Hovrättsreformen måste anpassas för att reformen ska bli förenlig med Europakonventionens krav på en rättvis rättegång, och för att Sverige inte ska bli fällda i Europadomstolen. Hovrätterna bör för det första införa ett system där information ges till de tilltalade om deras rätt att ställa ytterligare frågor i hovrätten. Om den tilltalade sedan begär tilläggsförhör ska den tilltalade höras igen och även tillåtas att ställa ytterligare frågor till de vittnen vars utsagor anses vara av betydande bevisvärde. På så sätt får vi både en modern och en rättvis rättegång i de svenska hovrätterna. (Less)
Abstract
On November 1st 2008, the reform "A more modern trial" came into force in the Swedish court system. One aspect of the modernization is that documentation is to be made of testimonies conducted at the Swedish District Courts, with an audio and visual recording. The recording can then, at an appeal, if necessary for the investigation, be played at the court of appeal, instead of having a full rehearing. The played recordings will be considered evidence and the Swedish Appeal Court may, simply on the basis of the playbacks, modify the District Court’s assessment of the defendant’s credibility and the District Court’s verdict without an additional hearing. In the review of the proposed legislation, Prop. 2004/05: 131, the Swedish government... (More)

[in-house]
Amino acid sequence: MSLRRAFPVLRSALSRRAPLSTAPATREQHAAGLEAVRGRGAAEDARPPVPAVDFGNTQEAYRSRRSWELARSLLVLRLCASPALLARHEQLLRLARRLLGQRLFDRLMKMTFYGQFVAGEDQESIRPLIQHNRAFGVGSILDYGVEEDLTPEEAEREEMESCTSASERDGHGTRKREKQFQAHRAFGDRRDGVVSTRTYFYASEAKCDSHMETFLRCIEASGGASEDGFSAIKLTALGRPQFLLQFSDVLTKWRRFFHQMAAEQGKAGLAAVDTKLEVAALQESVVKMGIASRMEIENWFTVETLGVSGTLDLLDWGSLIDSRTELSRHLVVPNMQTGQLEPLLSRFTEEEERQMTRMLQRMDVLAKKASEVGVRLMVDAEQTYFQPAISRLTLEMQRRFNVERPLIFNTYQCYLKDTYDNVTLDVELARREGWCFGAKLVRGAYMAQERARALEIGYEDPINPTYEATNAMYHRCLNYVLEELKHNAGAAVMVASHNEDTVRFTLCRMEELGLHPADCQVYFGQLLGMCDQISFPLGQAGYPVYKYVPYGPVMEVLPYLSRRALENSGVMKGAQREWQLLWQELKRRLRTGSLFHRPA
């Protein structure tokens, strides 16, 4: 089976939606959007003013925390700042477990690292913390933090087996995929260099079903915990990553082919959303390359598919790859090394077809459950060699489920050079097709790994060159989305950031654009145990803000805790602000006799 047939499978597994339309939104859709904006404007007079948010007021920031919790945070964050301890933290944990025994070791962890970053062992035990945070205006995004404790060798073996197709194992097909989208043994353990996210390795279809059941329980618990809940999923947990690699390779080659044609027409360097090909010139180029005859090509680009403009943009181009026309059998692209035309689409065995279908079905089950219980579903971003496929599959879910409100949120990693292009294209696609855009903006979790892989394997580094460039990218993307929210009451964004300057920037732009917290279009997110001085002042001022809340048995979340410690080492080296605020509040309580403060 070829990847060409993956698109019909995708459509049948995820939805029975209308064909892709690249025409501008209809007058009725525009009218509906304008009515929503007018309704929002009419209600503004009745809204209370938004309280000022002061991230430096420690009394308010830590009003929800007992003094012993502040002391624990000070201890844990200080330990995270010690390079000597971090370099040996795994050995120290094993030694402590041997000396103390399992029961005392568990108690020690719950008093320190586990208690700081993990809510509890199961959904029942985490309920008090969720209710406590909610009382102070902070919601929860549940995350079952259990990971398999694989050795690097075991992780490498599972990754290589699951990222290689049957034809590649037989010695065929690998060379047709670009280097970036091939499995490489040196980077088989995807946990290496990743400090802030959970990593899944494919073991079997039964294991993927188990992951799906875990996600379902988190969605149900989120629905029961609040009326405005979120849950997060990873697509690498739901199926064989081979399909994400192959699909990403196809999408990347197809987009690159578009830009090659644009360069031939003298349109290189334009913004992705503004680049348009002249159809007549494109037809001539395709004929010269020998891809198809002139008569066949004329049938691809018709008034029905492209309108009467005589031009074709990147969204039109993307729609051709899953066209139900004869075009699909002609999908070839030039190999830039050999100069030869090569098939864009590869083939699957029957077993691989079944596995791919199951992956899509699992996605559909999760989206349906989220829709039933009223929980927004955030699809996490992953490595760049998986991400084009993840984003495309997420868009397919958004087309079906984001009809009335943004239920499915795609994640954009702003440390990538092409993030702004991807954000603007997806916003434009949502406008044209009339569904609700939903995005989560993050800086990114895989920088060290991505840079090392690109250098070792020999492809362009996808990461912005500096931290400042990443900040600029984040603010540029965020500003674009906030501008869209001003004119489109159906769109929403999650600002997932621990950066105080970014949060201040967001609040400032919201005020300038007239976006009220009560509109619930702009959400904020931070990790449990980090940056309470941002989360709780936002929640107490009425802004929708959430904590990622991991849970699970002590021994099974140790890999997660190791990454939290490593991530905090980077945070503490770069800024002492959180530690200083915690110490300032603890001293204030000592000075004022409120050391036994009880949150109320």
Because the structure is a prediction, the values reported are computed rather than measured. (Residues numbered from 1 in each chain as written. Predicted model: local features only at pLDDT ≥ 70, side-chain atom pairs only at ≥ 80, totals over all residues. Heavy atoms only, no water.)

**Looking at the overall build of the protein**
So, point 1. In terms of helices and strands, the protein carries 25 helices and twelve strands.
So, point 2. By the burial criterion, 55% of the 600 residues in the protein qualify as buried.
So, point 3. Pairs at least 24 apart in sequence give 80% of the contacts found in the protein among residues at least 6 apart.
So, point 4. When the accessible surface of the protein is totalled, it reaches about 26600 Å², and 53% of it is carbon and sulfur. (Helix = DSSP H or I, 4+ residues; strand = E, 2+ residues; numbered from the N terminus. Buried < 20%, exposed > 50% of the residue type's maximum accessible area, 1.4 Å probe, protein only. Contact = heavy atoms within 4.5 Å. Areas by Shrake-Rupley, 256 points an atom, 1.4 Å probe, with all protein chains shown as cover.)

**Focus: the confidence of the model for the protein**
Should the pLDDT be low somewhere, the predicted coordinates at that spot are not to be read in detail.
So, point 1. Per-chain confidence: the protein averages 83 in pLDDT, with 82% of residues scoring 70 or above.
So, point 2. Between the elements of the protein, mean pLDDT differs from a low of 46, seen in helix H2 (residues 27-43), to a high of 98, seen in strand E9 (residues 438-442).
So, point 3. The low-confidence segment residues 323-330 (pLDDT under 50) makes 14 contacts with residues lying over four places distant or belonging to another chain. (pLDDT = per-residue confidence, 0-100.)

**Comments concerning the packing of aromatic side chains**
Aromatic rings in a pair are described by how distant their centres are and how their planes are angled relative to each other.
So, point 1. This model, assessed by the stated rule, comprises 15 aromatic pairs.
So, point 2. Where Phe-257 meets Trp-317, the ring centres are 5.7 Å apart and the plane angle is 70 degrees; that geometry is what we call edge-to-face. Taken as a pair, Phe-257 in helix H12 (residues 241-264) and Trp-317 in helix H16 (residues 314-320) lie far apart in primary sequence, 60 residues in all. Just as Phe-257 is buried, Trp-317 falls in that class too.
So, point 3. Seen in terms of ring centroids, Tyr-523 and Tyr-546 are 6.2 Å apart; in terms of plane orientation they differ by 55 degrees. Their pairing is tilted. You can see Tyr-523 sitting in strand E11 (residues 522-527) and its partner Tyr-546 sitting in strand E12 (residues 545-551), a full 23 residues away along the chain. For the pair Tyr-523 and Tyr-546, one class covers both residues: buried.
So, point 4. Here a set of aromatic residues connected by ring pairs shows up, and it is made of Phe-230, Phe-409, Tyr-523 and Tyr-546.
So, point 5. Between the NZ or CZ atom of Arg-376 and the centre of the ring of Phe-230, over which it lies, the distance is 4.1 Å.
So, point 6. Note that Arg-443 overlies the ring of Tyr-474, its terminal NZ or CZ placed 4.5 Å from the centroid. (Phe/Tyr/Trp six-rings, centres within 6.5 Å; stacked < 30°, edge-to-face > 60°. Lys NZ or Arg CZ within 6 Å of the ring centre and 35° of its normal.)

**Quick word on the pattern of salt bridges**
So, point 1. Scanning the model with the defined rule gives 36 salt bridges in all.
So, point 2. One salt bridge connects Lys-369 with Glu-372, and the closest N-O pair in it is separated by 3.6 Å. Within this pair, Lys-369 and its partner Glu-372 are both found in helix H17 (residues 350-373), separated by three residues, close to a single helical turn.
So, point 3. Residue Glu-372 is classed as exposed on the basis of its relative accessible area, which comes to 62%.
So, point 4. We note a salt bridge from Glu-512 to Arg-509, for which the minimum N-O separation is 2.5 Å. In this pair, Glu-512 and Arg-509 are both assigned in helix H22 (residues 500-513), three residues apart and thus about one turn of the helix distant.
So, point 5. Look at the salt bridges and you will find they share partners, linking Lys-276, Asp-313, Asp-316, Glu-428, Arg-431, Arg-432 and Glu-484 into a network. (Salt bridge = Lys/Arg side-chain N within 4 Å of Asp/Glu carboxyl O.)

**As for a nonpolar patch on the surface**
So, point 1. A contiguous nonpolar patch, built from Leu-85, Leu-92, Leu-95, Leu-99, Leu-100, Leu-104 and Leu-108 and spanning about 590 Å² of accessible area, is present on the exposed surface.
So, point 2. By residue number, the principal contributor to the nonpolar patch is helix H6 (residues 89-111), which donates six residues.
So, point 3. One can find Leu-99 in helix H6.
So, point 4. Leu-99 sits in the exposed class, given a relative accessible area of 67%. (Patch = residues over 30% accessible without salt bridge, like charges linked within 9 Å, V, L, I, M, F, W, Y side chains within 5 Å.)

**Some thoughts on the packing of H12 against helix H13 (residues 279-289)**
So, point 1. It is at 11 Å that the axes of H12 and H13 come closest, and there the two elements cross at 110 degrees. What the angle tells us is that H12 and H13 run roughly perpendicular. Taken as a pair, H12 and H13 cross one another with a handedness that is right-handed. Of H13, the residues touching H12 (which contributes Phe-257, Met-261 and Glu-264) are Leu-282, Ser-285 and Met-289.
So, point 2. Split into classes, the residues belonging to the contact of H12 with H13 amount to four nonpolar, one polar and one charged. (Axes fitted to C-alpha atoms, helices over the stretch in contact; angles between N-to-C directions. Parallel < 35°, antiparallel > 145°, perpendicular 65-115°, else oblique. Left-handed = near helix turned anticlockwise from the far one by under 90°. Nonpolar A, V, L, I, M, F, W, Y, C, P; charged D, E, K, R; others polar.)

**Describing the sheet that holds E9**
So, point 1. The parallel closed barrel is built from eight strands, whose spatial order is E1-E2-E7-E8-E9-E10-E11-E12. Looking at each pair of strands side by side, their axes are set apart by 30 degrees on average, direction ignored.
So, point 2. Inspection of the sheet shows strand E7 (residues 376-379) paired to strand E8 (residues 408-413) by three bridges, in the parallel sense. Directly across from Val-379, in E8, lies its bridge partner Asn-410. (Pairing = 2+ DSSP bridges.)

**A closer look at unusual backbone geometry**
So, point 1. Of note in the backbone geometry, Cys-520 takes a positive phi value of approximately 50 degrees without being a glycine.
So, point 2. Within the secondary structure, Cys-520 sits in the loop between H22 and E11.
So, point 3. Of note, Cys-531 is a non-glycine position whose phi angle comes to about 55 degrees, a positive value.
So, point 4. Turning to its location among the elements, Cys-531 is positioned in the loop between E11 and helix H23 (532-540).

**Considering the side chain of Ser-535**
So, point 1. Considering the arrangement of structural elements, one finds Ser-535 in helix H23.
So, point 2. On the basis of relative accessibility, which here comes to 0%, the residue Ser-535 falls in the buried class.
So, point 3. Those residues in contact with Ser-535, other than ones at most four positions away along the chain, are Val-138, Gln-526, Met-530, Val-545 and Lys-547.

On November 1st 2008, the reform "A more modern trial" came into force in the Swedish court system. One aspect of the modernization is that documentation is to be made of testimonies conducted at the Swedish District Courts, with an audio and visual recording. The recording can then, at an appeal, if necessary for the investigation, be played at the court of appeal, instead of having a full rehearing. The played recordings will be considered evidence and the Swedish Appeal Court may, simply on the basis of the playbacks, modify the District Court’s assessment of the defendant’s credibility and the District Court’s verdict without an additional hearing. In the review of the proposed legislation, Prop. 2004/05: 131, the Swedish government discussed, whether the reform could cause any problems due to the Swedish commitment towards the European Convention on Human Rights and the right to a fair trial in article 6. The government reached the conclusion, that a playback of the District Court’s hearings, and the restrictive possibilities for the defendant to ask further questions in the Swedish Appeal Court, is compatible with the European Convention, and the new legislation was implemented.